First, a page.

The leak wars continue. The Obama administration is prosecuting more leakers of classified information than all previous presidents combined. NBC investigative reporter Michael Isikoff asks a key question occasioned by the publication of Obama’sWars, Bob Woodward’s latest book:

How can they credibly prosecute mid-level bureaucrats and junior military officers for leaking classified information to the press when so many high-level officials have dished far more sensitive secrets to Woodward?

This is indeed a thorny issue, and a problem that calls into question the integrity of the secrecy system itself. It is also a reprise of what transpired during the Bush administration. Some of the most serious leaks of that era—the NSA’s Terrorist Surveillance Program and the joint CIA-Treasury terrorist financial tracking program—went unpunished while the Justice Department pursued an absurdly weak leak case against two employees of AIPAC.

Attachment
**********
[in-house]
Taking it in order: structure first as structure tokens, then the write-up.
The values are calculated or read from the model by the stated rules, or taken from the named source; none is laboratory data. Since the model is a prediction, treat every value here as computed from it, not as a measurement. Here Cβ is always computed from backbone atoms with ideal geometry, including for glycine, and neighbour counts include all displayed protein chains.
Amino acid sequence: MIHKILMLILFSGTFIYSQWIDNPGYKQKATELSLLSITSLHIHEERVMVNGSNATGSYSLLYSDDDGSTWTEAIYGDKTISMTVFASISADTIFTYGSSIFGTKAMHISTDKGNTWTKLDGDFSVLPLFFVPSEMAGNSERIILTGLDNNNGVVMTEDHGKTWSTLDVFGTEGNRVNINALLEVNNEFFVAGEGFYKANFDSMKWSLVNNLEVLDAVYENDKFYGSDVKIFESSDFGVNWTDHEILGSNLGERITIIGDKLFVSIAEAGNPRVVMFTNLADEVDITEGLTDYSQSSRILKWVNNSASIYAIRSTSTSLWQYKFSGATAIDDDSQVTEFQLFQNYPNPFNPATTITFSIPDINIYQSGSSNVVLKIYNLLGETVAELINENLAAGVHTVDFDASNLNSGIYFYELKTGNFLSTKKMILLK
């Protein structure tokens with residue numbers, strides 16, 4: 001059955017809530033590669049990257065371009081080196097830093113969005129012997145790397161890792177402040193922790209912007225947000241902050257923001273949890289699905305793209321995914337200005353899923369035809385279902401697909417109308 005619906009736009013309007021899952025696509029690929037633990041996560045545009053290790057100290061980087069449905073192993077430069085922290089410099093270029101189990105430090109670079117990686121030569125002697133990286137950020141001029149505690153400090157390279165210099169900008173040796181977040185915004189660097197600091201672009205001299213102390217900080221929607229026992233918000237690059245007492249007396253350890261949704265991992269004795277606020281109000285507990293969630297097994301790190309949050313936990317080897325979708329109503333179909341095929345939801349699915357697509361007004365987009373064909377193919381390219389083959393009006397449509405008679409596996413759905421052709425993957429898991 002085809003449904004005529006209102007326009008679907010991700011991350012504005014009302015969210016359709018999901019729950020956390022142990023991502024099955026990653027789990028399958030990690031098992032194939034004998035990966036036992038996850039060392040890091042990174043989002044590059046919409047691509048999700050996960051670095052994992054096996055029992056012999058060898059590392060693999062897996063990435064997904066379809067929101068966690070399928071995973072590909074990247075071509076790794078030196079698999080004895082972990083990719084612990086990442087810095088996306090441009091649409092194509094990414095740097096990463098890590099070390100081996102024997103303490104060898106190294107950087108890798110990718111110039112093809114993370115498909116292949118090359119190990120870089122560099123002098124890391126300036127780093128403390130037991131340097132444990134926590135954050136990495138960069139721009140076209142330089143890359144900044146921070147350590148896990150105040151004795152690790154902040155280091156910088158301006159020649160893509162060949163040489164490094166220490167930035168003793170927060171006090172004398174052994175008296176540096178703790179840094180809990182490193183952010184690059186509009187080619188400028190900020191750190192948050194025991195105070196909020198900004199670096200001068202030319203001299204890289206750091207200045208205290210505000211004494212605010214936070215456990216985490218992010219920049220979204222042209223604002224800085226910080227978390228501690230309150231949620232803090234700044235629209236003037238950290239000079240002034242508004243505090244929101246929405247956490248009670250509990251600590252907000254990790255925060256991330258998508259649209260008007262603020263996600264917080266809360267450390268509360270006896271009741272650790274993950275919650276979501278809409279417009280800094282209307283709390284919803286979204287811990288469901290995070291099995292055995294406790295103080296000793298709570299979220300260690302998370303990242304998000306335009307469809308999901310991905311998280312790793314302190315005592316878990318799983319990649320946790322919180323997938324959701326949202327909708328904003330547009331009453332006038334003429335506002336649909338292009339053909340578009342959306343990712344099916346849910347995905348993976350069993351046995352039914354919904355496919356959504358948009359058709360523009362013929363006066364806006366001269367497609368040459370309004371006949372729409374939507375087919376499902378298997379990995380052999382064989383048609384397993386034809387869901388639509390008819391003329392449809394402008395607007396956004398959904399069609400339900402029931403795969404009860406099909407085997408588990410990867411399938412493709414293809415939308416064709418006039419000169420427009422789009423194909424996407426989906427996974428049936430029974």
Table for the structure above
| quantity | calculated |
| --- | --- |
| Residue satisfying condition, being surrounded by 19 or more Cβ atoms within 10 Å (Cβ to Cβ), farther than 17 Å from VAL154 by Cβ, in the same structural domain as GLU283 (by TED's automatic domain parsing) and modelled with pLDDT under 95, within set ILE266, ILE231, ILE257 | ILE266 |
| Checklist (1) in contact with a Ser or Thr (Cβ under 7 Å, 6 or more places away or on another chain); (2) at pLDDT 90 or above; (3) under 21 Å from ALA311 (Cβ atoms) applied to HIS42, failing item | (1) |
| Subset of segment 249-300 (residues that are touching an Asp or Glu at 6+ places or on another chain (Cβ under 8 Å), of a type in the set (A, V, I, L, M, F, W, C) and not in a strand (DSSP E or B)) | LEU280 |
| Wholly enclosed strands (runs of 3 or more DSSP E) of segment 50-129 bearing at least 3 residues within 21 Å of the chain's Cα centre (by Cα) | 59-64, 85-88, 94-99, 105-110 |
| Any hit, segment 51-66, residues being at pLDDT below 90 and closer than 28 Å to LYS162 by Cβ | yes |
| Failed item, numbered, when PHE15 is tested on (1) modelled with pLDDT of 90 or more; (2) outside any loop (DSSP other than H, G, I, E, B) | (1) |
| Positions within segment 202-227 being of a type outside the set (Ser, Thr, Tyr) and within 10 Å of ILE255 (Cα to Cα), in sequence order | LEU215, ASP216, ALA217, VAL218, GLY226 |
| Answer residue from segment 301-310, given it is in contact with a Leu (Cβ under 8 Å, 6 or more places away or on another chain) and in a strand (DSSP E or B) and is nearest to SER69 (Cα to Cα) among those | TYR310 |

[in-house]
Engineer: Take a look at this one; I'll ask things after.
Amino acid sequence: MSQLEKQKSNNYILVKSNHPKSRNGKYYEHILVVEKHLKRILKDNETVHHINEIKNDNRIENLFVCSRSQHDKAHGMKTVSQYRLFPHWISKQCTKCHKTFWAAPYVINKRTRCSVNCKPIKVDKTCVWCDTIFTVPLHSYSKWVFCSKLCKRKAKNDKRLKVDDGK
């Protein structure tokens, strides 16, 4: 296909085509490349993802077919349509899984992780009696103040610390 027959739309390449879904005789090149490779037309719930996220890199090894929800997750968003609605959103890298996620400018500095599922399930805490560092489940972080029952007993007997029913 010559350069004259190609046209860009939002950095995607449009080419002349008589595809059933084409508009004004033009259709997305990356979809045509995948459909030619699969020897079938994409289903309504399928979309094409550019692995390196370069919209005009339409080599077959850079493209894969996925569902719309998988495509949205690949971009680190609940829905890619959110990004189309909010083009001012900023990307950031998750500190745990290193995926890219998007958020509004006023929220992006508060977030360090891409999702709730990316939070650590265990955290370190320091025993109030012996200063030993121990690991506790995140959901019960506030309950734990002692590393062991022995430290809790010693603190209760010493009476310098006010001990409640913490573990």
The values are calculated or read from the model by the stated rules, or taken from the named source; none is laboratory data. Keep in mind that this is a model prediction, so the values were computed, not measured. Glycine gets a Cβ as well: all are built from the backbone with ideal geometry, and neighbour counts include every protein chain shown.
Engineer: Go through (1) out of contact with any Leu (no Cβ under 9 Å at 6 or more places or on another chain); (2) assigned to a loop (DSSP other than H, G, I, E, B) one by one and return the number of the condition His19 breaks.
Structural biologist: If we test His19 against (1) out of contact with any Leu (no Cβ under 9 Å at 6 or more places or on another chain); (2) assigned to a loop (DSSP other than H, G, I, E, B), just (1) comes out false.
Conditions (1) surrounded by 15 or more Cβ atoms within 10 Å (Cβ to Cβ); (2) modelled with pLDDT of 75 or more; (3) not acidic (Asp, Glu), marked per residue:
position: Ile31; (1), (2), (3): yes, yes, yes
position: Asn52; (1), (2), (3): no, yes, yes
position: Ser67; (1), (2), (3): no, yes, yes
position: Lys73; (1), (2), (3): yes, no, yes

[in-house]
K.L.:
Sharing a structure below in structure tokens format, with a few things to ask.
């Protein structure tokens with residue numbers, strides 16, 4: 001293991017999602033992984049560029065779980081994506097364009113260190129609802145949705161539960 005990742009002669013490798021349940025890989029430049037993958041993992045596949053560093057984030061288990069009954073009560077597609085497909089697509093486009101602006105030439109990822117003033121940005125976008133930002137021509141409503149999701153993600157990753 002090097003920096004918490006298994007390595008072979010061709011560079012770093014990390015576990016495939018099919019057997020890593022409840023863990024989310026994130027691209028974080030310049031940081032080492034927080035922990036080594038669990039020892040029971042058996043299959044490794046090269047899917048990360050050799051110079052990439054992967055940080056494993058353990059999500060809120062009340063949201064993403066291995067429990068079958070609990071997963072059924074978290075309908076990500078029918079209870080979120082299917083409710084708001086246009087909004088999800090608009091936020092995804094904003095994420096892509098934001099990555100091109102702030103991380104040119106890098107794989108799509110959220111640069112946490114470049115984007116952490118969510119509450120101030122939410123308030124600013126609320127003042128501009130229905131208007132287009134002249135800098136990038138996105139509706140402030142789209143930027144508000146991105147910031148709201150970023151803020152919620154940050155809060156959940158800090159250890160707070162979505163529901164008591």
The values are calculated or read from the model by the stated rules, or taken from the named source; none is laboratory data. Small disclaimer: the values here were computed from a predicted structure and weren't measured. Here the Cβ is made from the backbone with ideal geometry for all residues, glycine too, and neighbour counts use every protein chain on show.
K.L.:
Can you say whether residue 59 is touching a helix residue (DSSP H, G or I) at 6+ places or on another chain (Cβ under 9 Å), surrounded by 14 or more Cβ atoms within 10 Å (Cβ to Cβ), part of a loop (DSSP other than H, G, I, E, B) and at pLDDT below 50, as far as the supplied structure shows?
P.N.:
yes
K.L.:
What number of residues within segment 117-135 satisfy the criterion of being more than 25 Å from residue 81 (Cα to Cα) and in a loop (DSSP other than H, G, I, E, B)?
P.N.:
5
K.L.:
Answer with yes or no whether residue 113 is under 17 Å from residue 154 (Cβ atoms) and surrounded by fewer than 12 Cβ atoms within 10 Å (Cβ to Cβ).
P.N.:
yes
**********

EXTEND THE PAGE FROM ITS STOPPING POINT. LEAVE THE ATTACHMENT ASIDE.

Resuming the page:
What is to be done about the ongoing hypocrisy? If secrecy matters to our national security—and it does matter—two seemingly contradictory things should happen: a relaxation and a tightening. We need more and more timely declassification of those secrets the disclosure of which contains only evanescent harm. We also need administrative sanctions, dismissals, and/or prosecutions, of leakers, at all levels, who brazenly violate their oaths.

Will either course happen? Not rapidly, if at all. There is not exactly a constituency for reform. We are doomed to muddle through, or muddle down.

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